“Sprinklers have repeatedly proved to save lives and reduce property damage, even before the Fire Department arrives on the scene. If trapped in a fire today, a victim has only about three minutes to get out because modern fires grow incredibly toxic and hot in just a matter of minutes,” said Patrick Dolan, Steamfitters Local 638 President.

According to Underwriters Laboratories, fires today are more toxic and burn 800 percent faster because of petroleum-based synthetics in newer furnishings.

This illustrates how important close coordination between New York City property owners, the unionized mechanical contracting industry and the FDNY now more than ever. “The record low number of fire fatalities indicates that New York City has continually worked to improve conditions for every generation. That’s what makes the Big Apple a national leader in fire safety,” said Robert Bartels, Jr., Steamfitters Local 638 Business Agent at Large.


The Nassau County Fire Marshal’s Office Certificate of Fitness Testing

As a reminder, Section of the Nassau County Fire Marshal’s Office requires that all tests shall be performed in the presence of the Fire Marshal by the RME of the firm, however the Nassau County Fire Marshal will allow a Type 1 Certificate of Fitness holder to request permission to be represented by other person familiar with the project, but acceptance of the request is up to the discretion of the individual Fire Marshal witnessing the test. The request must be per job, in writing, identifying the representative he/she requests to be present at the inspection. A ‘blanket’ permission will not be issued, and it will be more difficult to obtain future substitution approvals following an inspection failure. In most cases, the testing should be scheduled for a date and time when the RME is available.

Certificate of Fitness Testing is held on the first Thursday of each month at the Nassau County Public Safety Center located at 1194 Prospect Avenue, Westbury, in room 103 on the first floor.

Download the Certificate of Fitness Testing for 2017 PDF.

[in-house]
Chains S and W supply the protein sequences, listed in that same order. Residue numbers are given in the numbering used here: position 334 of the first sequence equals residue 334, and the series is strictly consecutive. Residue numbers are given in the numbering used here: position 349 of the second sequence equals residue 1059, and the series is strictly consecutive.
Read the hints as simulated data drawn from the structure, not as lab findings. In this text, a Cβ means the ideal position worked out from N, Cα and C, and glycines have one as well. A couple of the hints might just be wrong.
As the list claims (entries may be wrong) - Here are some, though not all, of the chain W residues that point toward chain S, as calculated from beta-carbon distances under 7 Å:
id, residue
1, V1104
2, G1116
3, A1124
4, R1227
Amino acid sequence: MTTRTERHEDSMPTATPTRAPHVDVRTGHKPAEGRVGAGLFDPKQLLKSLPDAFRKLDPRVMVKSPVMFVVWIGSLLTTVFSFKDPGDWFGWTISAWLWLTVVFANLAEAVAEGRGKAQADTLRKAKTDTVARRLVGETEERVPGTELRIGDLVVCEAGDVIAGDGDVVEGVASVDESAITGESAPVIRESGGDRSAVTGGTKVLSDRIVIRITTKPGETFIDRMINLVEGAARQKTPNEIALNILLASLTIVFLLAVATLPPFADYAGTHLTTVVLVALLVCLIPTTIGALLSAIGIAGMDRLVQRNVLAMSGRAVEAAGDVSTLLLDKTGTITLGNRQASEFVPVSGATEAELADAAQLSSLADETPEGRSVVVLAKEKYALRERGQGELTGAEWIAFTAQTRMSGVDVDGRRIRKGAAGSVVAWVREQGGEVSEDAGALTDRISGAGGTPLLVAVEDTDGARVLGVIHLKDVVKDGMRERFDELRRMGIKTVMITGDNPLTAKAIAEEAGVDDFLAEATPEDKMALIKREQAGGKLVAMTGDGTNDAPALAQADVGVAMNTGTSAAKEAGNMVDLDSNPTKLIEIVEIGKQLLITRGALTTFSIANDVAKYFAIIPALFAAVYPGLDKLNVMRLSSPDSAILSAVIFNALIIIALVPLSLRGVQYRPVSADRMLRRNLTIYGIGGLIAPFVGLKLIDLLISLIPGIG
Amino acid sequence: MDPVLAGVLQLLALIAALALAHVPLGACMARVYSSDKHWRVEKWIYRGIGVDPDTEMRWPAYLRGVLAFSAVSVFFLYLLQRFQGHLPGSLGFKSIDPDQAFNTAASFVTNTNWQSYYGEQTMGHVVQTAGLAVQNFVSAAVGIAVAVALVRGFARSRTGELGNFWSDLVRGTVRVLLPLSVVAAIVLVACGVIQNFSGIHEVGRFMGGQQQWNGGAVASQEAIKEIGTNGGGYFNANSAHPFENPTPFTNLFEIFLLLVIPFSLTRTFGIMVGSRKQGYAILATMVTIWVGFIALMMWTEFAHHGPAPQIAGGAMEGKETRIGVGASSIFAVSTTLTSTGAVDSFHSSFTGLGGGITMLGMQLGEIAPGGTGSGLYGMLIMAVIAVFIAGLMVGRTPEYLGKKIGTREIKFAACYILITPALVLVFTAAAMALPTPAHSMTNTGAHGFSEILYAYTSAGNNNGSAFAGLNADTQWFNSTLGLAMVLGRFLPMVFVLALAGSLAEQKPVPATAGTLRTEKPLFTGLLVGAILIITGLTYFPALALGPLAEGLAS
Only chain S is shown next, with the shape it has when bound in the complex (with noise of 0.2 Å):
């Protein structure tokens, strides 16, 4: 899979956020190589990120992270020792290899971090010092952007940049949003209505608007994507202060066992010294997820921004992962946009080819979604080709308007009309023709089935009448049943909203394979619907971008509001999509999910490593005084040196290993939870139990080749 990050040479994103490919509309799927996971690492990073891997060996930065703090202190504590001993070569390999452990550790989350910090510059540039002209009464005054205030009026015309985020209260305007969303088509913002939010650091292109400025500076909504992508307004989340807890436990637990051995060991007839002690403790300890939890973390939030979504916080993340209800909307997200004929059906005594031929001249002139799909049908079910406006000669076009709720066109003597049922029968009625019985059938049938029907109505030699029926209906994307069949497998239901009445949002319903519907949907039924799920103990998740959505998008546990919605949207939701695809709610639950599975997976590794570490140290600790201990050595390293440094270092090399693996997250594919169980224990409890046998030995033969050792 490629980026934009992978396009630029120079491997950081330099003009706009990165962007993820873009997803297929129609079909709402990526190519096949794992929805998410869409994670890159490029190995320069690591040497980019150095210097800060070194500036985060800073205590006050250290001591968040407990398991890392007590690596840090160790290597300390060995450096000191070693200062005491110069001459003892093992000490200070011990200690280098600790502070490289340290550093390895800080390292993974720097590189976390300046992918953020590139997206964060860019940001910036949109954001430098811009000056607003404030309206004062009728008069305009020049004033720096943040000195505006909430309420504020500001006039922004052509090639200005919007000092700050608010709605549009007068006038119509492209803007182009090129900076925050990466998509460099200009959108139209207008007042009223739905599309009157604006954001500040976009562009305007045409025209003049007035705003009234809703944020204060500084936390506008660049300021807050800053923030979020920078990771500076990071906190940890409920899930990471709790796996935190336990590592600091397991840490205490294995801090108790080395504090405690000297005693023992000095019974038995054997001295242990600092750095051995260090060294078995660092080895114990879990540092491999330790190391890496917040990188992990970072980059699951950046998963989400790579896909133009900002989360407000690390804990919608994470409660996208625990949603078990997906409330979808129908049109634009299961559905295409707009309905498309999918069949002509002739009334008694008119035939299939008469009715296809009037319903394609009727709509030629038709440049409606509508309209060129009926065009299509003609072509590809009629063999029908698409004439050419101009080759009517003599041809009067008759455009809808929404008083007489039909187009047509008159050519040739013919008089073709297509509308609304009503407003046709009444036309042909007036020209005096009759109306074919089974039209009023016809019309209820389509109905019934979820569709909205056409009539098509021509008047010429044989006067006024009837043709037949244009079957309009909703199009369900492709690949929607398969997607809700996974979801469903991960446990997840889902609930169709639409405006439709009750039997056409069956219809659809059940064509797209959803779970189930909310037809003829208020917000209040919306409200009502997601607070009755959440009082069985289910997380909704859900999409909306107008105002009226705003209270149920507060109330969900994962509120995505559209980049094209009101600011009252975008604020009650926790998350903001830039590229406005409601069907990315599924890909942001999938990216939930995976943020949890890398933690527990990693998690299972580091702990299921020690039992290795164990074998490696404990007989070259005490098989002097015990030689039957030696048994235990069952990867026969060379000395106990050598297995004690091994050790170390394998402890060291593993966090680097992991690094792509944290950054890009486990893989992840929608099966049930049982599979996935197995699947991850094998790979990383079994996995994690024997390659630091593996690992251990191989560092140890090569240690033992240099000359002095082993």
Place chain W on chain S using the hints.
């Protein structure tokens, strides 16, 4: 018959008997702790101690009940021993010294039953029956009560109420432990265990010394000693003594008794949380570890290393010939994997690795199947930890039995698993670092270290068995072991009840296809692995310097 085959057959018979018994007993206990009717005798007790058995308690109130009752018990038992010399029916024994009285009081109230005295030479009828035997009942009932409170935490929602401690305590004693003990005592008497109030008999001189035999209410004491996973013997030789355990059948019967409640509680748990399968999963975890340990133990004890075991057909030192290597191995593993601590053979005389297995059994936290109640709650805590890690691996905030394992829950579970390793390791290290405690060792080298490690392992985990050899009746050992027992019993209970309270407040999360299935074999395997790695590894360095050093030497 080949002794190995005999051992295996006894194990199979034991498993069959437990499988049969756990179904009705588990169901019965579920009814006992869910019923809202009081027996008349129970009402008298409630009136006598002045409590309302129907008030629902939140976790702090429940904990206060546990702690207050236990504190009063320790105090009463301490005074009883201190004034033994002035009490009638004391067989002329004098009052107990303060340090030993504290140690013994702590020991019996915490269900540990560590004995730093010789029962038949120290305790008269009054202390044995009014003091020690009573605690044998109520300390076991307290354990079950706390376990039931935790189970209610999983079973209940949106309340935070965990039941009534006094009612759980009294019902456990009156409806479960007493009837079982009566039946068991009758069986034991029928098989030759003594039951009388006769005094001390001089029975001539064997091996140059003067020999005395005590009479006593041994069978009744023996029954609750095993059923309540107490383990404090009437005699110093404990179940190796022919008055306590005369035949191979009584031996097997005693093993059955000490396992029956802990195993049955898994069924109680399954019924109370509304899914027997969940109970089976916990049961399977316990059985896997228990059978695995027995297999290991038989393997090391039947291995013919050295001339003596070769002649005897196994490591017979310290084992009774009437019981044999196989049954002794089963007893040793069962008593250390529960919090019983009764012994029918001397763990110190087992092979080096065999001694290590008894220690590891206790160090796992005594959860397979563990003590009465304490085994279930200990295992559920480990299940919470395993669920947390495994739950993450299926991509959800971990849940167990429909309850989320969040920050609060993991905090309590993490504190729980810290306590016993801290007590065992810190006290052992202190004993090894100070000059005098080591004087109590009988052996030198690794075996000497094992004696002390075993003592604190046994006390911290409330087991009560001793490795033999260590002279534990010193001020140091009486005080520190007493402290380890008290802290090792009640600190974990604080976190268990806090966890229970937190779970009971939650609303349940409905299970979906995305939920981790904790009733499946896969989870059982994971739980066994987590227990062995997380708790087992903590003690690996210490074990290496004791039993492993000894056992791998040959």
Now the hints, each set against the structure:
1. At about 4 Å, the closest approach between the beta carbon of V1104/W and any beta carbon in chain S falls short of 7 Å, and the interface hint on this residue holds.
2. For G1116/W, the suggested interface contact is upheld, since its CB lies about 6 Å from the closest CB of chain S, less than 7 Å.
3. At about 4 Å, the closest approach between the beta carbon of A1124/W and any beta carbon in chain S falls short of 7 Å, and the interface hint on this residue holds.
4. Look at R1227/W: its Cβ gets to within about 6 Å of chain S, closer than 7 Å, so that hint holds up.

The Fire Marshal’s Office does not  have a dedicated telephone line to update contractors on weather conditions that preclude FDC functionality testing. If a contractor believes the weather will present a freezing or safety hazard, they may contact Paul Hartje at (516) 573-9913 to postpone the test to another date.


N.Y. University Hospital Fire Extinguished Via FDNY and Operative Fire Suppression Equipment

NYU Medical CenterNew York, USA (January 5th 2017) FOR IMMEDIATE RELEASE:

From: New York Fire Sprinkler Council, a division of the Mechanical Contractors Association of New York, Inc.

A two-alarm fire requiring over 100 New York City Firefighters erupted through a construction site at a NYU Langone Medical Center building in Manhattan on First Avenue & East 30th St. on Dec. 14. The fire was controlled in under an hour by FDNY Firefighters who were able to tap into the water supply because of a functioning temporary standpipe installed by Sirina Fire Protection Corp., a member of the New York Fire Sprinkler Council.

There were no patients or offices currently located inside what will be dedicated as the Kimmel Pavilion, a new 830,000-square-foot wing set to open in 2018. A video shot from an adjoining building shows how significant the fire was.

Sirina Fire Protection Corp. employs Steamfitters Local 638 union labor, which has been working at the construction site to install the Kimmel Pavilion’s fire suppression system in early stages of construction.